Institute for War and Peace Reporting | Giving Voice, Driving Change
Philippines: "Waging Peace" in Sulu
I know the government sometimes forgets us, but Malacanang (the presidential palace) cannot give up Sulu easily because we are an asset to them,” said Jolo mayor Hussin Amin, referring to his island’s bountiful fishing grounds and supplies of exotic fruits.
He was speaking in late May as the United Tausug Citizens for the Sultanate of Sulu organised a their latest rally through the town demanding a return to the past when the island was part of an independent Muslim state.
The marchers carried colourful pro-independence flags as well as banners calling for both the Philippine army and their American military advisers to leave.
“We are asking for total independence for the people of Sulu,” said Asari Jurani, a leading spokesman for the group, which rejects any association with the Philippines. “We are tired of waiting for the government to address our problems.”
“I appreciate their sentiments,” said the mayor. “But first we have to know the consequences of this [independence] idea before deciding what to do. Most people here in Sulu don’t agree with them. I don’t want to be a traitor to the government. We already have a peace agreement which granted us autonomy – we just have to implement it.”
The mayor says the group is only 100 strong while the protesters argue they have many more supporters. Whatever the truth, they marched peacefully through Jolo as soldiers from the third marine brigade watched on quietly from their flatbed trucks.
“We have come here to call for our sovereignty and be recognised as Tausug and not Filipino citizens. But we are also here to show we are anti-war and anti-terror,” said Jurani.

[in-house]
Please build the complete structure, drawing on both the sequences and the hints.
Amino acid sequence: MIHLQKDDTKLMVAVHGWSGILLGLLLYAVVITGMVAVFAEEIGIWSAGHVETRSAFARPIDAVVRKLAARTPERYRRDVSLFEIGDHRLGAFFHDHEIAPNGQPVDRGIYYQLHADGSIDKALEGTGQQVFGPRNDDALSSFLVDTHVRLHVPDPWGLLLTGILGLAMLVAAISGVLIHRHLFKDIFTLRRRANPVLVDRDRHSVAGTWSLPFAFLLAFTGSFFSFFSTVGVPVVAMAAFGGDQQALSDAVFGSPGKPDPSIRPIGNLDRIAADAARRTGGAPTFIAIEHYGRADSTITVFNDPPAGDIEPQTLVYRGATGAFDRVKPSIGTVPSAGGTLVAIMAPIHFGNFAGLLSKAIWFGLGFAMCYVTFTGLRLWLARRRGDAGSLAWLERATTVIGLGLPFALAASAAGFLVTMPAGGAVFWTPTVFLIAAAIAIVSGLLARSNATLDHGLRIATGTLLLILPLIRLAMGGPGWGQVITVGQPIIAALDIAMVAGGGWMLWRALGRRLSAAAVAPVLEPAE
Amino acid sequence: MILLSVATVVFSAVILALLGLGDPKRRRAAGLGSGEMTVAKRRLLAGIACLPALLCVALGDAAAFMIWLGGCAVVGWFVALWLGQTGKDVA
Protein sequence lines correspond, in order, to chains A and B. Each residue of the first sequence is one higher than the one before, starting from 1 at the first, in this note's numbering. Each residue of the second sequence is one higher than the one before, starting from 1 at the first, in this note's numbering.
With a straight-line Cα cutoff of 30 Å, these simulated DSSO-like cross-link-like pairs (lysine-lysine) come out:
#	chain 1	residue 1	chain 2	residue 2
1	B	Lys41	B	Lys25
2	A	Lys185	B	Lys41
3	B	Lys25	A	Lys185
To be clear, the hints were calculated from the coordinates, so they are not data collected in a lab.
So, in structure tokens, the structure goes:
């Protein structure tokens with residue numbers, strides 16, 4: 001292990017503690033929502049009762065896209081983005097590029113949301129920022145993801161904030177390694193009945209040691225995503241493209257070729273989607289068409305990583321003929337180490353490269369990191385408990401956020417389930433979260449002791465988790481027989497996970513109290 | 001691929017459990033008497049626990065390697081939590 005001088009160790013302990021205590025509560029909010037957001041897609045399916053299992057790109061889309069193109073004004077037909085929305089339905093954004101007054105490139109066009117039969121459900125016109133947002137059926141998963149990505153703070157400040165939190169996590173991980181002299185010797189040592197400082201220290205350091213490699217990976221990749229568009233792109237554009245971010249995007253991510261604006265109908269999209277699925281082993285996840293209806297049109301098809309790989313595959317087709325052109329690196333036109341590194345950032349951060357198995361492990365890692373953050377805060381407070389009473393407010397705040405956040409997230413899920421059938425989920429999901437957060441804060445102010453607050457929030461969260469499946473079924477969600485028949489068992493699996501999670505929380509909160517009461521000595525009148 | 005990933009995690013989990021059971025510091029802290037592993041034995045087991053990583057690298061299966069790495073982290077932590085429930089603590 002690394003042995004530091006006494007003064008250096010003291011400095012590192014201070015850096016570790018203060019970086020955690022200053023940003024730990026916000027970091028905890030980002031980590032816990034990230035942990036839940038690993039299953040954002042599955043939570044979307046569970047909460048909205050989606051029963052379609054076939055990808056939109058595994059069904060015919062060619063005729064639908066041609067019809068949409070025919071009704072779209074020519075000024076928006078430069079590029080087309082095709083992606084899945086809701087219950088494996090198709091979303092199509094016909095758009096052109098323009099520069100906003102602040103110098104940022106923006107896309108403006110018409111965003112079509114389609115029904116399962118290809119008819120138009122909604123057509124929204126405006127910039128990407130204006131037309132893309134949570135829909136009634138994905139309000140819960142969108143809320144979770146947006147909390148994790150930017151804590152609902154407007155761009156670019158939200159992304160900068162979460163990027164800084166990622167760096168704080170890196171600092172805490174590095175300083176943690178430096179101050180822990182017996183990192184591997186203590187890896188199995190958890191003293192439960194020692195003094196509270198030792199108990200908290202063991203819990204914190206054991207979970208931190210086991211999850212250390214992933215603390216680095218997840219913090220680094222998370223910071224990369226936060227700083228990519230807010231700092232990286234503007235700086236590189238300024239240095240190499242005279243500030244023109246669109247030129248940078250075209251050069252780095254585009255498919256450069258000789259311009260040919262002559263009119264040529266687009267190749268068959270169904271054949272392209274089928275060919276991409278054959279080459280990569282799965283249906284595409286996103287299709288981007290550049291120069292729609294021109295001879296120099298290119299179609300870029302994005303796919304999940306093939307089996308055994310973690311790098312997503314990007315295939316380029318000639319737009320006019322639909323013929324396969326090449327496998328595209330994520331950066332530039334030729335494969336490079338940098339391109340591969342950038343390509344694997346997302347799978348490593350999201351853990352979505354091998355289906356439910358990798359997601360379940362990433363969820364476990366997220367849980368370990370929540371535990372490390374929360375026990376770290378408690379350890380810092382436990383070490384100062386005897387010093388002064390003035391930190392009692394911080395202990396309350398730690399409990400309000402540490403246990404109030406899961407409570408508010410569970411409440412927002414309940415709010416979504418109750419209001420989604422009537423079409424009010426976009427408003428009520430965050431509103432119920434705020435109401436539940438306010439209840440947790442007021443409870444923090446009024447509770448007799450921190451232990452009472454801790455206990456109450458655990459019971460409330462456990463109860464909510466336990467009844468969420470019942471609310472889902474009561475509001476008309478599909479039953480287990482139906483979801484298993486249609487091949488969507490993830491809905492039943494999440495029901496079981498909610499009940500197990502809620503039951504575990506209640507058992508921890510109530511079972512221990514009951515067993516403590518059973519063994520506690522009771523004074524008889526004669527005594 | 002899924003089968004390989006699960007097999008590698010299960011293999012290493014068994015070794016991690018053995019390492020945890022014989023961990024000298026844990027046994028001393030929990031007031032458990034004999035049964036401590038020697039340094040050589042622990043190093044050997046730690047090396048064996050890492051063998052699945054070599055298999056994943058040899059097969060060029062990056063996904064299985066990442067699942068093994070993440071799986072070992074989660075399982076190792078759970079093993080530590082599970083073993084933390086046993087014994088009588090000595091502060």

The town has only just been declared a “peace zone” by the mayor as part of what appears to be something of a coordinated effort to reverse the island’s fortunes.
To most Filipinos – journalists included – the island of Sulu conjures up images of conflict, terrorism and general lawlessness, understandable perhaps given the provincial government here itself lists gunshot wounds as the leading cause of death.
There are an estimated 100,000 guns in circulation in Sulu, according to the Centre for Humanitarian Dialogue, a Geneva-based monitoring group working on the island. Two local laws have just been passed outlawing the carrying or possession of unlicensed weapons.
The gun culture of the ethnic Tausug Muslims, comprising 97 per cent of the local population, dates back generations but is now being challenged by a range of initiatives aimed at helping to rid the island of its dangerous reputation, delivering peace and economic development in its place.
The island’s reputation may have been determined in part by its geographical location. Though part of the Autonomous Region in Muslim Mindanao, ARMM, Sulu is as far by boat to Zamboanga City, the most westerly tip of Mindanao, as it is to Malaysia – a fact that might go some way to help explain the local political and military situation.
The Armed Forces of the Philippines, AFP, are here as are the Moro National Liberation Front, MNLF, the Moro Islamic Liberation Front, MILF, and the Abu Sayyaf Group, the terrorist organisation linked to both the Indonesian-based Jemaah Islamiyah and the wider al-Qaeda network.
So too are an estimated 500 US special advisers who first arrived on the island after 9/11 as part of Operation Enduring Freedom to work alongside local marines in taking on Abu Sayyaf whose strength is widely believed to be severely depleted but who remain prime suspects in a spate of recent bombings in Zamboanga – the latest of which killed two and injured 18 outside a military airbase on May 29.
One of the targets in Zamboanga was the Catholic Church and yet religious leaders of both the Muslim majority and tiny Christian community here insist relations between the two are very good.
Father Romeo Villanueva, director of Justice Peace and Integrity of Creation Network and a Sulu resident for almost nine years, believes Muslims and Christians live together “in friendship and harmony”.
Jakaria Rajik, a 38-year-old Islamic teacher, agrees, pointing out that the majority of students attending the local Notre Dame school, which is run by a priest, are Muslims. Both communities, he says, are beneficiaries of Church-led projects such as housing, education, social development and health programming.